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New Study Predicts Historic Surge in Hunger

While the demand for food assistance immediately jumped this spring when the economy took a COVID-19-related hit, a new study by McKinsey & Company predicts a coming surge in hunger unlike anything seen since the Great Depression.

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The new study predicts a 65 percent increase in demand for food assistance in Minnesota, or the equivalent of 21.7 million meals. The study projects that some 275,000 additional Minnesotans could face food insecurity, many for the first time.

Such an increase in demand on food banks and food shelves will cost an additional $17 million over the next six months in the Second Harvest Heartland service area and $21 million across the entire state. At Second Harvest Heartland we are preparing to meet the increased need.

Most immediately, Second Harvest Heartland and our food shelf partners are aggressively raising funds to meet the increase in demand. Looking ahead to late summer, when unemployment benefits expire and a jump in food demand is expected, coordinated efforts are underway to ensure delivery systems are ready to effectively reach those facing increased need. New initiatives like Minnesota Central Kitchen and emergency farmers markets have proven we can meet the need with the right resources at hand.

Allison O’Toole, CEO of Second Harvest Heartland commented, “If we don’t get ahead of it, this jump in hunger will deepen and broaden the impact of the pandemic. We must act now.”

The road to stability and security will be long, which is why we’re also engaged in robust advocacy efforts, asking state and Congressional leaders to invest in proven programs that provide support to individuals and families in need. National increases in SNAP (food stamp) benefits, are vital not only to helping people survive these tough times, but in contributing to the economic needs of local communities. At the state level, additional SNAP benefits will go a long way in reducing the surge in demand for emergency food.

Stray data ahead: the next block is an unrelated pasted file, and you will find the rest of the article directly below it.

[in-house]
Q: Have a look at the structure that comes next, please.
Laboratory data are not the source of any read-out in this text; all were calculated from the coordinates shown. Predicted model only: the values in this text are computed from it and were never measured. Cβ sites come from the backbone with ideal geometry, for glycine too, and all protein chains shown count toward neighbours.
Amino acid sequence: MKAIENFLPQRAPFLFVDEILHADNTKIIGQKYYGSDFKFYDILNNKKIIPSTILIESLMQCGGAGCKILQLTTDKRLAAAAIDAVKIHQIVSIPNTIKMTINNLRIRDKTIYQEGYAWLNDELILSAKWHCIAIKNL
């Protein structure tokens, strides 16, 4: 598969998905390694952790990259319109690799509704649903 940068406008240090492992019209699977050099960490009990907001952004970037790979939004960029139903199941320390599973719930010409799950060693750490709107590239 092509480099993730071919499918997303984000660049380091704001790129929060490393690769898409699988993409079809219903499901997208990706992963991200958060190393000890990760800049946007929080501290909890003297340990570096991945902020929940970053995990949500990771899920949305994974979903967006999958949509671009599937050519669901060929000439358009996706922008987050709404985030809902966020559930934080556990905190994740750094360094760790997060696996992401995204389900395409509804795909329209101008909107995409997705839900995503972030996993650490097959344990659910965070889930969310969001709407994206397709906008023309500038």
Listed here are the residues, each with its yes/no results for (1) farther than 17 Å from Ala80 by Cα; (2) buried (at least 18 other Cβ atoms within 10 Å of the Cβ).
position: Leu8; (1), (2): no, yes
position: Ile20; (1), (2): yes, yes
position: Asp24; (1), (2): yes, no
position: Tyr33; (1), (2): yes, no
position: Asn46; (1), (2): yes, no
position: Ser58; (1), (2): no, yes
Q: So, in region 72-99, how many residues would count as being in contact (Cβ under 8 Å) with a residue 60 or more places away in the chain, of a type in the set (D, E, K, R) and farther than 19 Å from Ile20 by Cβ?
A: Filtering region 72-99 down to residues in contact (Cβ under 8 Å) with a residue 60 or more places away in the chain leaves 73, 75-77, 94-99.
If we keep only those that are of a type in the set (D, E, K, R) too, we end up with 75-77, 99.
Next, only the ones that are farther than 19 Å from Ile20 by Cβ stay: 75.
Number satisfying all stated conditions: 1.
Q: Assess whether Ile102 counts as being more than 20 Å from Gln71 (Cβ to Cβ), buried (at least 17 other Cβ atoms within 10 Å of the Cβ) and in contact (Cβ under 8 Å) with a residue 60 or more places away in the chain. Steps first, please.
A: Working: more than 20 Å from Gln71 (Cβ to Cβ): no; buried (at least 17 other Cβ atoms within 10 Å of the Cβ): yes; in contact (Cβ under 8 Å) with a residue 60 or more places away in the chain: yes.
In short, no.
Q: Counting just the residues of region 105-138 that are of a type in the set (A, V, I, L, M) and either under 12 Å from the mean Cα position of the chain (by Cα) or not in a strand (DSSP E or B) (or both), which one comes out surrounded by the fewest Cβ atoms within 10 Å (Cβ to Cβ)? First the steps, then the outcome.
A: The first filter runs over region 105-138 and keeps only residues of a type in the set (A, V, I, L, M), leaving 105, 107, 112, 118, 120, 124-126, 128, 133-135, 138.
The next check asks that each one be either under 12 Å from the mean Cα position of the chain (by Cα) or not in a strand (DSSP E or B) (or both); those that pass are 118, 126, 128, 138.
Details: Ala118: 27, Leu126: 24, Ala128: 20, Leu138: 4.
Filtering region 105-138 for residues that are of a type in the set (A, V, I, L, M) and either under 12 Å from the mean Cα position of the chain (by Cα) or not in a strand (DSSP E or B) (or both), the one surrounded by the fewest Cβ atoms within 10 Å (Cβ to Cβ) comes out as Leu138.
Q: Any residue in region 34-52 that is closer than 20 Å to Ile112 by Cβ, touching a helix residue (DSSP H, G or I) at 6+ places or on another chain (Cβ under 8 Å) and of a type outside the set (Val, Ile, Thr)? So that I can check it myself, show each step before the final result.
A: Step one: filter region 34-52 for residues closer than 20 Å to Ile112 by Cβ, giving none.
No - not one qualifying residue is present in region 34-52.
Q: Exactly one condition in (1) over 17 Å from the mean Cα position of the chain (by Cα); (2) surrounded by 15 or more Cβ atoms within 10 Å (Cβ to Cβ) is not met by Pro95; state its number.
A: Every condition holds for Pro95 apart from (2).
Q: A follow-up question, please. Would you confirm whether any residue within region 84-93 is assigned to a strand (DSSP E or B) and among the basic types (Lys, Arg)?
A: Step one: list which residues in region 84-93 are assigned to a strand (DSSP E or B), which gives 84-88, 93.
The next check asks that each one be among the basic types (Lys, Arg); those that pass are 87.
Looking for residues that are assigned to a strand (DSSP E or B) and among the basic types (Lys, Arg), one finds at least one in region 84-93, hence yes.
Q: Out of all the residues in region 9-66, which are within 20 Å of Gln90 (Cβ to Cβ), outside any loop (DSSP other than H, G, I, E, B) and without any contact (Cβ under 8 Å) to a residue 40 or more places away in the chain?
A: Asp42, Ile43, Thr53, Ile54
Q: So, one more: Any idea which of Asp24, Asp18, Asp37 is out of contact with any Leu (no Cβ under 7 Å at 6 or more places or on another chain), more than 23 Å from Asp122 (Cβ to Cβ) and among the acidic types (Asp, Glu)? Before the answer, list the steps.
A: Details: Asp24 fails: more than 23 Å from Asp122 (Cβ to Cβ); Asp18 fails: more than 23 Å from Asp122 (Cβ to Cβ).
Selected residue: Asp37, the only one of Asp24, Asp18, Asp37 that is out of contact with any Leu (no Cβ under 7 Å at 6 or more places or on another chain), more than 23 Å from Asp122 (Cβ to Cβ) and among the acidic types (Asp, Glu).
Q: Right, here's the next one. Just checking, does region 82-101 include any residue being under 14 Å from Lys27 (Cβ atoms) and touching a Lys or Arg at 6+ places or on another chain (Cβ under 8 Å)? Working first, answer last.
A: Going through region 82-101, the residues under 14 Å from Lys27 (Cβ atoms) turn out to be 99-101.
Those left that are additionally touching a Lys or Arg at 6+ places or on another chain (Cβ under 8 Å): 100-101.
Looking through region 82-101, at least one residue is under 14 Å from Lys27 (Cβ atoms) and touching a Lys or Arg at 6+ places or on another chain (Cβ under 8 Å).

Fortunately, in working to end hunger together, there’s a role everyone can play:

  • Make a sustaining gift to Second Harvest today and for the duration of the crisis to help address the $17 million in additional costs expected over the next six months. Give a gift to your local food shelf.
  • Ask your elected officials to invest in programs that support your friends and neighbors in need, like SNAP, food banks and food shelves, and meal programs.
  • Talk about the growing need for hunger with your friends and family, and refer those who may need assistance to helpful resources.

O’Toole suggested we must address people’s hesitancy to ask for help before we can address the hunger surge; “It’s hard for community members to ask for help and we need to strip away the stigma that’s associated with visiting a food shelf or applying for SNAP. To survive the coronavirus crisis, we’re all going to need to ask for a little extra help. There’s no shame in accepting the help of your community and the grace our neighbors offer us.”

Read more about how we’re responding to the COVID-19 public health crisis here.